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As days get hotter, rethink splashing out on kids’ paddling pool, water chiefs urge

Temperatures could reach a near-record 32C next week

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Megan Berdan and Michaela Clarke from the US but living in Blackrock, Dublin, pictured yesterday afternoon at Seapoint, Dublin. Photo: Colin Keegan

Megan Berdan and Michaela Clarke from the US but living in Blackrock, Dublin, pictured yesterday afternoon at Seapoint, Dublin. Photo: Colin Keegan

Megan Berdan and Michaela Clarke from the US but living in Blackrock, Dublin, pictured yesterday afternoon at Seapoint, Dublin. Photo: Colin Keegan

With temperatures forecast to hit 28C this weekend – and shooting up to 32C next week – Irish Water is asking families to cut water usage in paddling pools.

The mercury is set to rise to 28C tomorrow, and by Monday and Tuesday the nation could be basking in temperatures of 30C to 32C or even higher.

There is even a possibility of beating Ireland’s highest temperature of 33C, recorded at Kilkenny Castle in June 1887.

The water utility has already asked the public to be “mindful” of water usage.

Met Éireann issued a yellow weather warning for ‘exceptionally warm weather’

“Remember that paddling pools and swimming pools can use huge volumes of water, so try to minimise the amount of water used and consider reusing the water for the garden or cleaning the car,” a spokesperson for Irish Water said.

The public have also been urged to “keep the garden hose in the shed” and “avoid power washing”.

Householders are being asked to check for leaks from outdoor taps and to report them to Irish Water.

Already some rural areas have seen their water dwind-ling, particularly in the south and midlands, according to the agency.

Irish Water said popular holiday resorts in Ireland are “likely” to see water supplies “under pressure” due to the hotter temperatures.

Tom Cuddy, Irish Water’s head of asset operations, said that while everybody was looking forward to the spell of hot, dry weather, it was important that everyone consider their water usage.

“Look at simple yet impactful ways to conserve water,” he said. “Even small changes can make a significant difference.

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“By reducing the water used in paddling pools, turning off the hose and avoiding power washing, we can all help ensure there’s enough water for everyone as we go through the summer.”

That advice came as Met Éireann issued a yellow weather warning for “exceptionally warm weather”, running from tomorrow until Tuesday. It said daytime temperatures would reach up to “30C generally and possibly up to 32C on Monday”. Night-time temperatures will remain high at up to 20C.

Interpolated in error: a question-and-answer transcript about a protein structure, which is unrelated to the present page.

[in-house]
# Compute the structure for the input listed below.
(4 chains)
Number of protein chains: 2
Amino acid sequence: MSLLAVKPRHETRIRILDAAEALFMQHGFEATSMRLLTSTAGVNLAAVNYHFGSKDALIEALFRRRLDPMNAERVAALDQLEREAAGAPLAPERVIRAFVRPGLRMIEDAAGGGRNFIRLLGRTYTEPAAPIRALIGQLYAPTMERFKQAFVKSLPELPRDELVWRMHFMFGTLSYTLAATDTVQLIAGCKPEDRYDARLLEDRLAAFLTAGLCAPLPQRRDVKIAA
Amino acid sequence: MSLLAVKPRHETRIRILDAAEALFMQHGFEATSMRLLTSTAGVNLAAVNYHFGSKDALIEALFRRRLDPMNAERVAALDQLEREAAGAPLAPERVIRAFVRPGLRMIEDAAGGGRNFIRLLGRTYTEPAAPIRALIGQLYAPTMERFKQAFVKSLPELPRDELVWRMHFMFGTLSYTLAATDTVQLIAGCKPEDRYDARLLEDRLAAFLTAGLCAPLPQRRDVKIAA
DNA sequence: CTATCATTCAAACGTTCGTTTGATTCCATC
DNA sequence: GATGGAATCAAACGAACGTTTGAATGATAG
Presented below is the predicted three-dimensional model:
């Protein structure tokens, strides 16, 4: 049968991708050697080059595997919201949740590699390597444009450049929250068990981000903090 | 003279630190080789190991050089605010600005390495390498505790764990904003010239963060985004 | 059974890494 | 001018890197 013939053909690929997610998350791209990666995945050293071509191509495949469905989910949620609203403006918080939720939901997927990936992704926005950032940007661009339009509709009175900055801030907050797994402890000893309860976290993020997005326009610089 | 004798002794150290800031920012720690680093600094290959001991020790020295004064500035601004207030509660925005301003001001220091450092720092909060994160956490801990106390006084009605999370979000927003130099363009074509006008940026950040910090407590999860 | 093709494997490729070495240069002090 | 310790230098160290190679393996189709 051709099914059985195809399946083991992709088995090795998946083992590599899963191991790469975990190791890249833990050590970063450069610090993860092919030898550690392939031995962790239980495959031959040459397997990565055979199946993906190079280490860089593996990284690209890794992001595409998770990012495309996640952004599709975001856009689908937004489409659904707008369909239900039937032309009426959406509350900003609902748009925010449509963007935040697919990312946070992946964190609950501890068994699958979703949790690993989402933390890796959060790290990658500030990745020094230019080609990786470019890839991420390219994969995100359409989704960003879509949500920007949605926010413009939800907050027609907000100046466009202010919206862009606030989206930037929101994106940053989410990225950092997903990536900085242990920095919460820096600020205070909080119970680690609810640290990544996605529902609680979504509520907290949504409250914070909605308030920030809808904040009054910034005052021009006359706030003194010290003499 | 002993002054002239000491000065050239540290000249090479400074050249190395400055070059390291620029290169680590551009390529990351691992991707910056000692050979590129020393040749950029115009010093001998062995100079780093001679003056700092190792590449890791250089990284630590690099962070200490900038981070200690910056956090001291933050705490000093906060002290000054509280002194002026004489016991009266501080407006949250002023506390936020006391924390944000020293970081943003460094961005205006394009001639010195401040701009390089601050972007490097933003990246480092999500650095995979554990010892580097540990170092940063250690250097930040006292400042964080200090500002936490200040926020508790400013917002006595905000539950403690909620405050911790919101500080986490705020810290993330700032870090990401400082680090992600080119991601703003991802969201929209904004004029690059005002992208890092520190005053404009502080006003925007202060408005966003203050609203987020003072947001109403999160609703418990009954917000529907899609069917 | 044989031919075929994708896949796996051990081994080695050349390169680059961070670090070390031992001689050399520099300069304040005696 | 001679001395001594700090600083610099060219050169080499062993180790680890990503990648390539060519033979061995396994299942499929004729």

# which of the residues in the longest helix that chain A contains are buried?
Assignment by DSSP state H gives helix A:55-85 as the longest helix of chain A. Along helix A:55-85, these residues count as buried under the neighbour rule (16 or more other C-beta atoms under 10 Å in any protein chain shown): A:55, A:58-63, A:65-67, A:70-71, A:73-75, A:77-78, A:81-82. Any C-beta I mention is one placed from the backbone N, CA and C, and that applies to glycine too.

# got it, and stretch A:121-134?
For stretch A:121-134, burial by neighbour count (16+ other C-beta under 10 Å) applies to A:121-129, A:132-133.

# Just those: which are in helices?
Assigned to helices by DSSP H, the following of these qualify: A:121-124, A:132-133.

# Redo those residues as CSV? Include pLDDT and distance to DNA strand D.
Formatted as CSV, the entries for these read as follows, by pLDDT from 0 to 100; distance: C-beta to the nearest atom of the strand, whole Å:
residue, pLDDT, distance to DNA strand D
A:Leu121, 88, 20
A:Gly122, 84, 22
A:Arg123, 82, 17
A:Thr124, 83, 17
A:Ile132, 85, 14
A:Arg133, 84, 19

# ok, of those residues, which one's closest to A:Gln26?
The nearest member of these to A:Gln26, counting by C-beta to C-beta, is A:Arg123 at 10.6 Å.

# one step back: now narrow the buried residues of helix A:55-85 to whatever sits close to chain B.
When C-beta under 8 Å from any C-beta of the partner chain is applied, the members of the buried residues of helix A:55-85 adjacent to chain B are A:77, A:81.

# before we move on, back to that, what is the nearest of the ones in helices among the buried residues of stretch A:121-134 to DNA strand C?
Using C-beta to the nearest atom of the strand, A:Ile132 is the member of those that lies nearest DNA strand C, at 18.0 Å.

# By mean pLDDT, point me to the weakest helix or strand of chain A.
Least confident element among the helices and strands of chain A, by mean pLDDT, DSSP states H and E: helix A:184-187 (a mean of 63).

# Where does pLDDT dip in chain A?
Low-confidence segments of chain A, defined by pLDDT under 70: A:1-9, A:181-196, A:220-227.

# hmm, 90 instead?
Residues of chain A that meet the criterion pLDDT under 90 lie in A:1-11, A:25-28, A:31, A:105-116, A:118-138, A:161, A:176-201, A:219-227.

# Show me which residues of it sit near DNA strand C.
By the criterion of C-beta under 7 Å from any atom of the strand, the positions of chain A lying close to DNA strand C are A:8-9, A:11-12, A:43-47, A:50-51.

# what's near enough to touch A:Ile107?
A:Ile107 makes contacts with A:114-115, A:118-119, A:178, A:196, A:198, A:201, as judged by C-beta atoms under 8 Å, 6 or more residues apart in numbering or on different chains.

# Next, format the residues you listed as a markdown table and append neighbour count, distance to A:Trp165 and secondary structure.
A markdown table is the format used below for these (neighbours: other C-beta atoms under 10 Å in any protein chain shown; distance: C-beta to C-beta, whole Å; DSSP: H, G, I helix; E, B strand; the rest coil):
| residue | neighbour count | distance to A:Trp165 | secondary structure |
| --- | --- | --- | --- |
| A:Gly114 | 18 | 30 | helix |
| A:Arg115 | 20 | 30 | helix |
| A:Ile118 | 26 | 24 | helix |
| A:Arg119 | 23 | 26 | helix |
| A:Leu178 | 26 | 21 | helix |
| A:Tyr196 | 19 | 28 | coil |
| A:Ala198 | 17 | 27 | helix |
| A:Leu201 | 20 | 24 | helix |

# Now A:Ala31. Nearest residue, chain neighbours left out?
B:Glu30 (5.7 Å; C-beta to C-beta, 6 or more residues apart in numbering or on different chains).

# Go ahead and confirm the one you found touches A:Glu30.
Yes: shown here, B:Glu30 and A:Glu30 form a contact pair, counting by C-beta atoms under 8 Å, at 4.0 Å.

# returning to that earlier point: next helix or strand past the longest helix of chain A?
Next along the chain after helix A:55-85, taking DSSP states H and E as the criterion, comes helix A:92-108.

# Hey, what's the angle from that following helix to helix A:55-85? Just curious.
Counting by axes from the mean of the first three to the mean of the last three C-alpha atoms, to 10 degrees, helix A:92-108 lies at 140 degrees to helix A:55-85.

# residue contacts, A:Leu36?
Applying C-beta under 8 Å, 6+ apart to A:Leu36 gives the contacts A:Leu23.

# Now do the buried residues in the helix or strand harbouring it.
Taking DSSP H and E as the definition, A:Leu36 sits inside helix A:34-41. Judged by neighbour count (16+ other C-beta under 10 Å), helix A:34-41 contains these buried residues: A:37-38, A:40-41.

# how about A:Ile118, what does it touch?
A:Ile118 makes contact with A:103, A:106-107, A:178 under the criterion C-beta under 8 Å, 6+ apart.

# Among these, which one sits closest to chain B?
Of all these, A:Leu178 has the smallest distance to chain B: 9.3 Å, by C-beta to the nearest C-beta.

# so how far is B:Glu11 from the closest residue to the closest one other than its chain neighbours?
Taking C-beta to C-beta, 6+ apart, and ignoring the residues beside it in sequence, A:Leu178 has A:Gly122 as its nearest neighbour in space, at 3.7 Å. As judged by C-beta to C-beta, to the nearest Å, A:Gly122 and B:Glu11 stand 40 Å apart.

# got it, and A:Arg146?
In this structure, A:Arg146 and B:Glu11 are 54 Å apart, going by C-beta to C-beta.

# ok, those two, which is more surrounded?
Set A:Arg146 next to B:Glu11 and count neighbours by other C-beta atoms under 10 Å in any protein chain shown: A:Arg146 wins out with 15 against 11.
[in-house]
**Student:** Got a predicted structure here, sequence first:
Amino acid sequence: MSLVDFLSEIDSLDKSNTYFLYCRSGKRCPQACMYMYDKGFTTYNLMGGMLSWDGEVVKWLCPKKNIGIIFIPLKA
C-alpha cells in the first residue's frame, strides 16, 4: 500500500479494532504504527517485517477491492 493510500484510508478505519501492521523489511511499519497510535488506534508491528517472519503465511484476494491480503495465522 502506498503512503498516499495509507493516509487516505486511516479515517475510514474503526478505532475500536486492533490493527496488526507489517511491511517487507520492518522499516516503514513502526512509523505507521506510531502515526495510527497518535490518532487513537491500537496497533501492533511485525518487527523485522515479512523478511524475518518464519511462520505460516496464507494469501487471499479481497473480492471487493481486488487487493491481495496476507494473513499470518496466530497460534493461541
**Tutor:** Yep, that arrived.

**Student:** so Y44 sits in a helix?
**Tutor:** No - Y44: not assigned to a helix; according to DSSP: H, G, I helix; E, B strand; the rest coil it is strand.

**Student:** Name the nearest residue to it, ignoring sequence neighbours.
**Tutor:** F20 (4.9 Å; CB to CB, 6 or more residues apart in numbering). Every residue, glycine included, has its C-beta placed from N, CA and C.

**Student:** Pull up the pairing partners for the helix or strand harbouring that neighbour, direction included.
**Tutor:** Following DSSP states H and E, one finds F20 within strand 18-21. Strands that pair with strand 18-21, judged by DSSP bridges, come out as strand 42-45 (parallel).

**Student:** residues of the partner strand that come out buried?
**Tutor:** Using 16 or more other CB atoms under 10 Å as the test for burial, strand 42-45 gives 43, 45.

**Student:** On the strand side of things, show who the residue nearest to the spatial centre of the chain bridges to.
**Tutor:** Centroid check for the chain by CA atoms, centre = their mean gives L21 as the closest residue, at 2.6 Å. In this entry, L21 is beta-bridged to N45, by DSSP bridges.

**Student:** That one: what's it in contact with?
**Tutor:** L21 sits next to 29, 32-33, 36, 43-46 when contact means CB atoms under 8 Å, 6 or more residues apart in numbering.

Meteorologist Aoife Kealy said the midland counties of Longford, Westmeath, Offaly, and Laois were expected to experience the highest temperatures of up to 30C.

Clare, Limerick, Tipperary and parts of Leinster will see some of the warmest temperatures, running into the high 20s.

“For the most part it’s going to be warmest in the midlands, that is where we will see the highest temperatures over the next few days, as well as north Munster and parts of Leinster,” she said.

“The further inland you go, the warmer it will get. The hottest weather is stretching across the central band of the country.

“Particularly on Monday, the midlands and parts of south Leinster, will really see those high temperatures.

“If we are to hit 30C, that would be mainly the midlands and Leinster and kind of north Munster as well, so possibly parts of Clare, Limerick, and Tipperary.”

Ms Kealy said it would be slightly cooler near coastal areas, although still warm with these areas ­benefiting from light breezes. The north and west, although not as warm, will also experience temperatures of around the mid-20s.

Ms Kealy explained that on Tuesday we will see a change beginning in the south of the country.

Counties in Leinster are expected to see the last of the high temperatures and sunshine on Tuesday before the good spell of weather draws to a close.

“Tuesday will be a bit different, there will be some heavy showers coming up from the south on Tuesday, so that will hit around Tuesday evening and those heavy showers could be quite thundery,” she said.

“By Wednesday the temperatures will have fallen back to normal throughout the country.”

The Department of Agriculture has also put in place a condition orange warning to notify the public of a high risk of forest fire due to the heat.

The department said: “We have issued an orange forest fire warning arising from weather patterns and expected level of risk.

“The warning is in place until midday on Wednesday, July 20.”

Agriculture Minister Charlie McConalogue, also asked the public to take particular care of their pets during the hot spell.

He said the public must not leave dogs unattended in vehicles, even if the vehicle is parked in the shade with its ­windows open.



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